https://i0.wp.com/www.indianeye.org/wp-content/uploads/2008/01/yin_yang.pngIn a time where technology and science are second nature (pun very much intended), we often forget our connection to the natural world.  In our efforts for fortune or fame, we can ignore our bodies’ cries for rest or exercise, proper nutrition, creative expression, relationships, or spiritual growth and pay the price with chronic illnesses, imbalances and general dissatisfaction.  We can also utilize the wisdom found in nature where balance and proper timing produce success, abundant health, quality of life and experience, longevity and satisfaction.

Nature provides everything we need right when we need it.  It reminds us when to rest and when to be active, when to eat and when to cleanse, when to build and when to tear down. The greatest challenge comes with the choice to go with the proverbial flow or resist it at every turn because we think somehow we know better than nature does.   Its energy is constant, but constantly evolving inside/out, expanding/contracting, living/dying and so on.

Energy can only be changed, but never destroyed.  Jacob Atabet states, “Unused evolutionary energy is the matrix of pain.”  Put another way, what we nourish and nurture yields growth.  What we neglect and ignore yields growth also, but often in undesirable form (e.g. cancer, etc.).   Traditional Chinese Medicine (TCM) and more specifically the application of its Five Phase Theory is a wonderful embodiment of this principle as it reveals through observation of nature and seasons information about what to do and when to do it.  We will look more closely in upcoming articles at seasons as they come, what energy they hold, herbs, foods and activities necessary to achieve balance and health.

For now, as we say goodbye to Winter and pry Spring from its cold dead fingers, we must give thanks for the time of necessary rest and stillness our bodies and earth have needed in preparation for the seeds of change and newness to come.

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Essential Oil Therapy

August 22, 2010

Essential oil therapy is the use of highly concentrated plant extracts to facilitate balance and healing.  Essential oils are highly aromatic and are most commonly obtained through a process of steam distillation.  Essential oils are applied in a variety of ways including but not limited to:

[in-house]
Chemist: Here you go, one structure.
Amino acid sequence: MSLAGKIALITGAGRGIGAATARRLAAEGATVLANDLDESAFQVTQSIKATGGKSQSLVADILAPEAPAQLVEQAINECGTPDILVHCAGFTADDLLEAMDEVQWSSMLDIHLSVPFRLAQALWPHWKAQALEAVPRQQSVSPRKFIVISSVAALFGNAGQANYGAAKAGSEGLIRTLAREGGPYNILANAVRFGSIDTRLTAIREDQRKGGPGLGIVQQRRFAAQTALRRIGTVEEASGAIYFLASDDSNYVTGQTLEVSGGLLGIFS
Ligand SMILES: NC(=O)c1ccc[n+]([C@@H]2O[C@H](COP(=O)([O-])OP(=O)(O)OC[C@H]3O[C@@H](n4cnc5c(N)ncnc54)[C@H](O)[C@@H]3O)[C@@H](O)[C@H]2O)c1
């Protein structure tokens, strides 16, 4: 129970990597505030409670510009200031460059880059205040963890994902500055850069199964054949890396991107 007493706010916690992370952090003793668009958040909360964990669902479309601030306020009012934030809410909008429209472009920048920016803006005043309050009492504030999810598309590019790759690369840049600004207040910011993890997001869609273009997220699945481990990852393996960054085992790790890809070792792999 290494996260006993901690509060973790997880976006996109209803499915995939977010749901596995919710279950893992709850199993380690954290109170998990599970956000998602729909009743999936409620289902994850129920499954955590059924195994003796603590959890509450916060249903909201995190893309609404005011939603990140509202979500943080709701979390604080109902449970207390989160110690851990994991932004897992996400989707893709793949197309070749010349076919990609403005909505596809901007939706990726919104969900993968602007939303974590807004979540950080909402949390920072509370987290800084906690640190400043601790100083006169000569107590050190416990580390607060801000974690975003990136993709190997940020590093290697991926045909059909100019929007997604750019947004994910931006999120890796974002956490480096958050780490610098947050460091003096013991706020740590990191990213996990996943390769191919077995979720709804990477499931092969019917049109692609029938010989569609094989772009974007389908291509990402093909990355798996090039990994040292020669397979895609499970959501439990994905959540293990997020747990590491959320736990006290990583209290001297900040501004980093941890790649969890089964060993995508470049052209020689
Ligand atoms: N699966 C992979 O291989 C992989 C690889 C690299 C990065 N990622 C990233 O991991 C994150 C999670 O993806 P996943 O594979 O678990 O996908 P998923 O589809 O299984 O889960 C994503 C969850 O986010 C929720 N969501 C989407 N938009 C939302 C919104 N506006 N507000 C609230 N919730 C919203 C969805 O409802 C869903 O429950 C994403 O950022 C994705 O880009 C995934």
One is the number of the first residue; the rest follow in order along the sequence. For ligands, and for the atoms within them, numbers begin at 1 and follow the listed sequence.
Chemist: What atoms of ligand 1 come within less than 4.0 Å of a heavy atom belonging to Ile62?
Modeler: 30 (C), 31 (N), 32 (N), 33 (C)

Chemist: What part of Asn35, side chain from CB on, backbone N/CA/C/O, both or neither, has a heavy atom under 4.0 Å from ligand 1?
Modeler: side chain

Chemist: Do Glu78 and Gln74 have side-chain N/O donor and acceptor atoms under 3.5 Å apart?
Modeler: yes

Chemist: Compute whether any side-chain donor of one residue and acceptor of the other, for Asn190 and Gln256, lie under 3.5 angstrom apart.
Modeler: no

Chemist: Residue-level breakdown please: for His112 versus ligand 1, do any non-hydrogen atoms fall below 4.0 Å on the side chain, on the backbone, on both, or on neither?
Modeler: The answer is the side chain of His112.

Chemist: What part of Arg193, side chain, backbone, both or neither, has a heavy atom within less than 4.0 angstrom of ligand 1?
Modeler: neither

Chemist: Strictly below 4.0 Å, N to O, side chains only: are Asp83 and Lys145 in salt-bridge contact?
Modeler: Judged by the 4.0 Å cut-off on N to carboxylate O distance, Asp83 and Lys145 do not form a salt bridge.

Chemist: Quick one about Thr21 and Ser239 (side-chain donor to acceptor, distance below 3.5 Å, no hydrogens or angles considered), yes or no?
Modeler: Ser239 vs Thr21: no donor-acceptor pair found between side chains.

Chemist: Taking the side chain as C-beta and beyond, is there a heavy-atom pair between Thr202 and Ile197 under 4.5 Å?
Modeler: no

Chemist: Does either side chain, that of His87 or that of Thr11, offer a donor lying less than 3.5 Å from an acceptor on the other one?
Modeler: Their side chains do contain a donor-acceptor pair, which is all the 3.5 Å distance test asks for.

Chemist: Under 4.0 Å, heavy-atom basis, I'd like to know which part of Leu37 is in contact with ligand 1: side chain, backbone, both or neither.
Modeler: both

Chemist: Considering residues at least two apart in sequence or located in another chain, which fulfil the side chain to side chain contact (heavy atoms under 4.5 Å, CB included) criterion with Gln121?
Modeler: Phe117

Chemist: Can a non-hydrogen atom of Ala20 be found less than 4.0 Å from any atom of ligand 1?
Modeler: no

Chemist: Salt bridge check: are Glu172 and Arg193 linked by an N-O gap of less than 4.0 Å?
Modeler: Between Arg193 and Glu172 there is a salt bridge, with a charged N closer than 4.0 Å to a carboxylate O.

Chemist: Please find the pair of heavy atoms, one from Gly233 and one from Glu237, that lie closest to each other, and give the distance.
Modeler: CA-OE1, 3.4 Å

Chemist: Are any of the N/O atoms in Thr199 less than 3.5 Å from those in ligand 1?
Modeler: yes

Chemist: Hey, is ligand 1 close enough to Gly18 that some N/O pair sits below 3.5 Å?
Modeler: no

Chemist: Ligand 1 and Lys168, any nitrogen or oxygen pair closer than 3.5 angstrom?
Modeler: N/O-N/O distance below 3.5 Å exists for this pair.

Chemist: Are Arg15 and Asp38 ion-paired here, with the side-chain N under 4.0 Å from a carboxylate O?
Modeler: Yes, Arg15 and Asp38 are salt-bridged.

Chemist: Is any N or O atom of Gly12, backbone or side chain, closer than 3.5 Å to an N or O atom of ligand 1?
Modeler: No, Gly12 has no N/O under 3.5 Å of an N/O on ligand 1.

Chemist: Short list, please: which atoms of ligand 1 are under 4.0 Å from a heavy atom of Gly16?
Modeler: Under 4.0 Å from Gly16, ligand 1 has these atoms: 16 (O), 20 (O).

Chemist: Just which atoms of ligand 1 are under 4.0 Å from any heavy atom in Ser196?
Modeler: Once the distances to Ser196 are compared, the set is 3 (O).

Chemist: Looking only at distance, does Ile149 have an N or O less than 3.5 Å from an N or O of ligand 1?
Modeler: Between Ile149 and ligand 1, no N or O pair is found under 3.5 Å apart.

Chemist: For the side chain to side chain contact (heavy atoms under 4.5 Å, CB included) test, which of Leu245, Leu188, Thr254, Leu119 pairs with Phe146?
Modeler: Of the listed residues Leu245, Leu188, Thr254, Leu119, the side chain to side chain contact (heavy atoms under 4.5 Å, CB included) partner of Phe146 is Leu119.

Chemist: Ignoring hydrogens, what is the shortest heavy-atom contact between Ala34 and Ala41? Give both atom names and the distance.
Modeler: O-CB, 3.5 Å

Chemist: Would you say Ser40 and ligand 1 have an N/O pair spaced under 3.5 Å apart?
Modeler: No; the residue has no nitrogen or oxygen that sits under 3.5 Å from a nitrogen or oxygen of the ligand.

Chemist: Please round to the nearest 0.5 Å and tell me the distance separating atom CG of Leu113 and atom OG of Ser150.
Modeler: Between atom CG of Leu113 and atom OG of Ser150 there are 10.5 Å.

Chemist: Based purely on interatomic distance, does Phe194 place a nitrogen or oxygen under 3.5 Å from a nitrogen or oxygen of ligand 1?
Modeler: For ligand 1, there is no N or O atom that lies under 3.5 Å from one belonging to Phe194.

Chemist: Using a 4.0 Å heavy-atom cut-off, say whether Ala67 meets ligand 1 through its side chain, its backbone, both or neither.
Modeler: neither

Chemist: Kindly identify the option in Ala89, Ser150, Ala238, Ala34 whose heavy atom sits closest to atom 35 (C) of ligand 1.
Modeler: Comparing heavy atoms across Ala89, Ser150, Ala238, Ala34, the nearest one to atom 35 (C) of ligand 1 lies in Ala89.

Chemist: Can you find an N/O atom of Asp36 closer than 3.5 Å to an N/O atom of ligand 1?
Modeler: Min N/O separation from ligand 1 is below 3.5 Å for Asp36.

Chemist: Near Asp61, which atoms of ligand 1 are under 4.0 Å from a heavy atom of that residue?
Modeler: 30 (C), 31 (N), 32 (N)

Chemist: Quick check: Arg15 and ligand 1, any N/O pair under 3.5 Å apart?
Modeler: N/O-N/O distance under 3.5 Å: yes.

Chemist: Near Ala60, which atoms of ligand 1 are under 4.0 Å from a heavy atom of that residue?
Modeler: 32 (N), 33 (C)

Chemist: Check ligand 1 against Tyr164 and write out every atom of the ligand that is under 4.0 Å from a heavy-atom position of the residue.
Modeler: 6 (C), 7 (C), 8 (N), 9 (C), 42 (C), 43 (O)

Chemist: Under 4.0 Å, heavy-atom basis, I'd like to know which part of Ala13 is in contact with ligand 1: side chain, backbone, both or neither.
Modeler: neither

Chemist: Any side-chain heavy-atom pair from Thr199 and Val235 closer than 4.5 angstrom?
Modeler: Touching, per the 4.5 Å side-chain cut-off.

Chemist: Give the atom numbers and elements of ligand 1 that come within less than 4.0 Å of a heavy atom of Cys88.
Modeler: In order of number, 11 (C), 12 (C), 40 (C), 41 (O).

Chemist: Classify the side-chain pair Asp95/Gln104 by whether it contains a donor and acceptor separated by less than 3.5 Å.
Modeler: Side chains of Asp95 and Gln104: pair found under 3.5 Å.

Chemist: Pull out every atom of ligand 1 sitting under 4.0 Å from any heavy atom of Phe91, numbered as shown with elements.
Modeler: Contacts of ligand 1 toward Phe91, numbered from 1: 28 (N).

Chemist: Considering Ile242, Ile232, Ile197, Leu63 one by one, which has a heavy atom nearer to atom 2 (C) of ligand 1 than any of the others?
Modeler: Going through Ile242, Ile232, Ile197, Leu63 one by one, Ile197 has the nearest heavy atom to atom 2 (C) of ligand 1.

Skin Application – Because essential oils are highly concentrated and can burn if applied undiluted to the skin, they are blended with a carrier oil like almond, grape seed, jojoba, etc., and massaged directly into the skin.  Oils can be applied directly over an area (sore muscles) or can be applied to the feet, hands, or pulse points, where they are quickly absorbed into the bloodstream and can affect appropriate areas (e.g. chamomile to calm the nerves).   Reflexologists commonly utilize essential oils by applying them to the feet or hands to enhance healing of specific body systems.
Inhalation – Inhaling aromatic oils directly or in a diffuser affects brain chemistry through the olfactory nerve and can positively affect mood and emotional health.
Bathing – Essential oils can be added in very small quantities to bath water, bath salts, or foot baths where one can enjoy the fragrance of the oils while the body takes advantage of their healing properties.

Essential oils can be used to benefit every body system as well as mental, emotional and even spiritual wellbeing.  Below is a brief list of a just a few common uses:

•    Headaches
•    Sinuses and allergies
•    Mental fatigue
•    Dental discomfort
•    Chest congestion/bronchitis
•    Depression/grief
•    Muscle aches/soreness
•    Adrenal exhaustion
•    Digestive upsets, gas, bloating, etc.
•    Menstrual pain and discomfort
•    Aphrodisiac
•    Mental clarity and concentration
•    General relaxation

•    Meditation/prayer


Essential oil therapy is also known as aromatherapy.  This term is misleading, however, as it has been frequently overused in the advertisement and marketing of many common household products, and the actual use of concentrated plant extracts is replaced by synthetic and sometimes toxic ingredients.  Furthermore, it is not required to smell the oils to receive their healing benefits in most cases.
Individuals trained in the use of essential oils are commonly called aromatherapists and must go through extensive training on oils and their uses as many oils are highly potent and can cause adverse reactions when used without caution and experience.